I was excited when I saw that The New England Journal of Medicine had today published summaries by Obama and McCain of their health care plans, expecting something quite detailed to appeal to a highly critical expert audience. However, their summaries were still as general and vague as ever. Regardless, these new write-ups are still a nice resource for people interested in the two candidates’ plans. You can read Obama’s plan here, McCain’s here, or see a pdf of both side-by-side here.
On many aspects, both plans–at least as they’re presented here–are quite similar. Both stress preventative medicine, modernizing our infrastructure, etc., etc. However, two major differences are apparent. The first is a difference in basic philosophy. Although he doesn’t explicitely say it in his NEJM piece, we know that Barack Obama believes that health care in the US is a right, and that comes through in his writing. McCain, however, believes that health care is a “responsibility” (whatever the hell that means), and he includes loaded language throughout his write-up about “government waste” and related conservative talking points.
The other major difference between the plans is more substantive. The centerpiece of Obama’s plan is that he will expand health care access in part by giving all Americans the ability to buy in to a government health care plan and by mandating that all children are insured (and making that happen by expanding previously existing public health care programs). McCain’s plan, on the other hand relies on a system of tax credits ($2,500 for individuals and $5,000 for families). Although McCain’s plan would also tax health benefits, for the average American this increased tax would be less than the increased tax credit, thus appearing to save you money… in the short term. In the long term, however, McCain’s plan will “raise costs, reduce the generosity of benefits, and leave people with fewer consumer protections,” according to an analysis published earlier this month in Health Affairs (see citation below). Counterproductively, these increased costs are predicted to cause the number of the uninsured to increase.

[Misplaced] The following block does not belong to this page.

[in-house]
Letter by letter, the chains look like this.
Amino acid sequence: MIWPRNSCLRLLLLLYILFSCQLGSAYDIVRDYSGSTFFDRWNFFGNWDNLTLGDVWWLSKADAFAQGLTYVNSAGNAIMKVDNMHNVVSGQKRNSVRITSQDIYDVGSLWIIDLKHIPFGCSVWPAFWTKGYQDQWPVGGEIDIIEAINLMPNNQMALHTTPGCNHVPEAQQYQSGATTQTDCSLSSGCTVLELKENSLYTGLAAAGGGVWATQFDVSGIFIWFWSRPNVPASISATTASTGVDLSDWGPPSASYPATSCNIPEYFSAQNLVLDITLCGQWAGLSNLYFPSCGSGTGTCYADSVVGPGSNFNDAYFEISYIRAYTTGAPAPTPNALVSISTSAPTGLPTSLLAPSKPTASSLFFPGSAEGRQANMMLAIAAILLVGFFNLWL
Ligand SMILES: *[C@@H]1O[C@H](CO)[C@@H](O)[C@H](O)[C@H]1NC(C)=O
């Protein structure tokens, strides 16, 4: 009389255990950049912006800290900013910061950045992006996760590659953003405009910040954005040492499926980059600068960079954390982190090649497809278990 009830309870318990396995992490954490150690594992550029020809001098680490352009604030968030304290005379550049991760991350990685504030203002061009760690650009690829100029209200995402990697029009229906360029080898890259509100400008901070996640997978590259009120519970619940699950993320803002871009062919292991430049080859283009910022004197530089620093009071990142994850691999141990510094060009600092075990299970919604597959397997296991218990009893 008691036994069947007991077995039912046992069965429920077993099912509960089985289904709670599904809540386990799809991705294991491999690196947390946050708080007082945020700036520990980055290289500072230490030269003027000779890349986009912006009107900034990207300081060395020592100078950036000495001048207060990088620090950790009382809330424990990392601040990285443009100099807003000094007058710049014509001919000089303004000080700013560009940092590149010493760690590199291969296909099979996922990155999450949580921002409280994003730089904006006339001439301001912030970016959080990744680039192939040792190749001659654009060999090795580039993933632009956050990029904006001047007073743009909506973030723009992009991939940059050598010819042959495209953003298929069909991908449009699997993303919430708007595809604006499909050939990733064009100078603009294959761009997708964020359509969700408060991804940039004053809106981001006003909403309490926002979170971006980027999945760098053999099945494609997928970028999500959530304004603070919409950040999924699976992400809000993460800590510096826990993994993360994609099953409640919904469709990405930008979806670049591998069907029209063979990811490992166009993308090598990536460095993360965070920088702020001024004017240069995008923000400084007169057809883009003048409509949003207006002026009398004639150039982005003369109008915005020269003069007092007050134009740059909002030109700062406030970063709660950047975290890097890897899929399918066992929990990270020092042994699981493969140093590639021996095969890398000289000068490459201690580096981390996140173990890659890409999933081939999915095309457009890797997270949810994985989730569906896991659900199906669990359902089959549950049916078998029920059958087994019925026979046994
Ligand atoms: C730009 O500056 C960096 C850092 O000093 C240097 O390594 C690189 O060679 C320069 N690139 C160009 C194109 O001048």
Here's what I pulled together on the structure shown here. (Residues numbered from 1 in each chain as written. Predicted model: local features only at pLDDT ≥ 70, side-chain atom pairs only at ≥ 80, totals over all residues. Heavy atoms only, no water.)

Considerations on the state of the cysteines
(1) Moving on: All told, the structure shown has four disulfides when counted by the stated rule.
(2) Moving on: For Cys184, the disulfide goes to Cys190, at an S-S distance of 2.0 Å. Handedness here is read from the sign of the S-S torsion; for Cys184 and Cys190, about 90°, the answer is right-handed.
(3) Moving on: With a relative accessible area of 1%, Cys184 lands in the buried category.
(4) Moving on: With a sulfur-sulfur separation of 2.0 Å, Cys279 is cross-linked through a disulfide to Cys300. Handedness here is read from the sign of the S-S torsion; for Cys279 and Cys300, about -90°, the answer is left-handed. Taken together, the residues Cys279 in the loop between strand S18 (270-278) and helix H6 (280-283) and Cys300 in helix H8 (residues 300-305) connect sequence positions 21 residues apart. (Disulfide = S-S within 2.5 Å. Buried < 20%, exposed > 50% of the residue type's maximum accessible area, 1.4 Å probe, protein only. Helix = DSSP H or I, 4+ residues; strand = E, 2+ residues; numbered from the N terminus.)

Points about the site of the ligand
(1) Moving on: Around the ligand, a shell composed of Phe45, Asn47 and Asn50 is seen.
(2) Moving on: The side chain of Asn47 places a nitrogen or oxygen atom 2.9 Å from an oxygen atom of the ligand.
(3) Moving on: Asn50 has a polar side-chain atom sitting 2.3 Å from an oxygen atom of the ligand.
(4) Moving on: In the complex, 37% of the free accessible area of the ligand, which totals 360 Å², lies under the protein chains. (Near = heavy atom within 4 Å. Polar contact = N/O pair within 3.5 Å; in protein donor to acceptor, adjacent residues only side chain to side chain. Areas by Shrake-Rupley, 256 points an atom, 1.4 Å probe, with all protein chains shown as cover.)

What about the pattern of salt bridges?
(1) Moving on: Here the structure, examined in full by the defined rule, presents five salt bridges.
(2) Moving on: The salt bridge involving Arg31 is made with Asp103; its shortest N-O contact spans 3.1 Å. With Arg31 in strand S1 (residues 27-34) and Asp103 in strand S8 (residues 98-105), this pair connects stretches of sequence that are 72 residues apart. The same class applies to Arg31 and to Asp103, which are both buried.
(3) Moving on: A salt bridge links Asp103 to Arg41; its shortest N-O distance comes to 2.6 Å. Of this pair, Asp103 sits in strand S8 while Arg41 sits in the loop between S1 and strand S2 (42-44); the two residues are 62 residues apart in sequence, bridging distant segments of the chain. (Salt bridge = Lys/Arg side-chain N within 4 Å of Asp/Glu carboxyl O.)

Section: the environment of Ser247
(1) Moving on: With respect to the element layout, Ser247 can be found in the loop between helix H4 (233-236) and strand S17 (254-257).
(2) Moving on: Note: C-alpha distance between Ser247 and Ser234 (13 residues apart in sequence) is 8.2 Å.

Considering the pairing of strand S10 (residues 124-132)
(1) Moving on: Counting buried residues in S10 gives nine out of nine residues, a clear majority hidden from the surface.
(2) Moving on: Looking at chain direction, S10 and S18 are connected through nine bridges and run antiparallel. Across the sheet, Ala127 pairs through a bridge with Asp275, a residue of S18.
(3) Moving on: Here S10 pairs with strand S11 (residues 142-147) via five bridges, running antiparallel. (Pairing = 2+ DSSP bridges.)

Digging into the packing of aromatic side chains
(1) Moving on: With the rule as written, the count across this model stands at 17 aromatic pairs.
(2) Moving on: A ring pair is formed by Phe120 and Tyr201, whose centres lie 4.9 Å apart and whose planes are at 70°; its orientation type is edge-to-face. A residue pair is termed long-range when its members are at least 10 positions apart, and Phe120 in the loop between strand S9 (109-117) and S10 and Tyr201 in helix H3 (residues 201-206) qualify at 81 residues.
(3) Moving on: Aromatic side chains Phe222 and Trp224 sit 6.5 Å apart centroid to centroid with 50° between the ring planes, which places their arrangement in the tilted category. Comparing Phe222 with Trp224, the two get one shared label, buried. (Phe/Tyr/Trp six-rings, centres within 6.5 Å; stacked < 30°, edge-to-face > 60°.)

Obama’s plan, however, will undoubtedly decrease the number of the uninsured. The only question there is by how much. So, although the candidates are both still a little light on the details, Obama’s health care plan continues to look much more attractive and effective than McCain’s.
Hat tip to Virginia Hughes.
PalMD has more at Denialism Blog
T. Buchmueller, S. A. Glied, A. Royalty, K. Swartz (2008). Cost and Coverage Implications of the McCain Plan to Restructure Health Insurance Health Affairs DOI: 10.1377/hlthaff.27.6.w472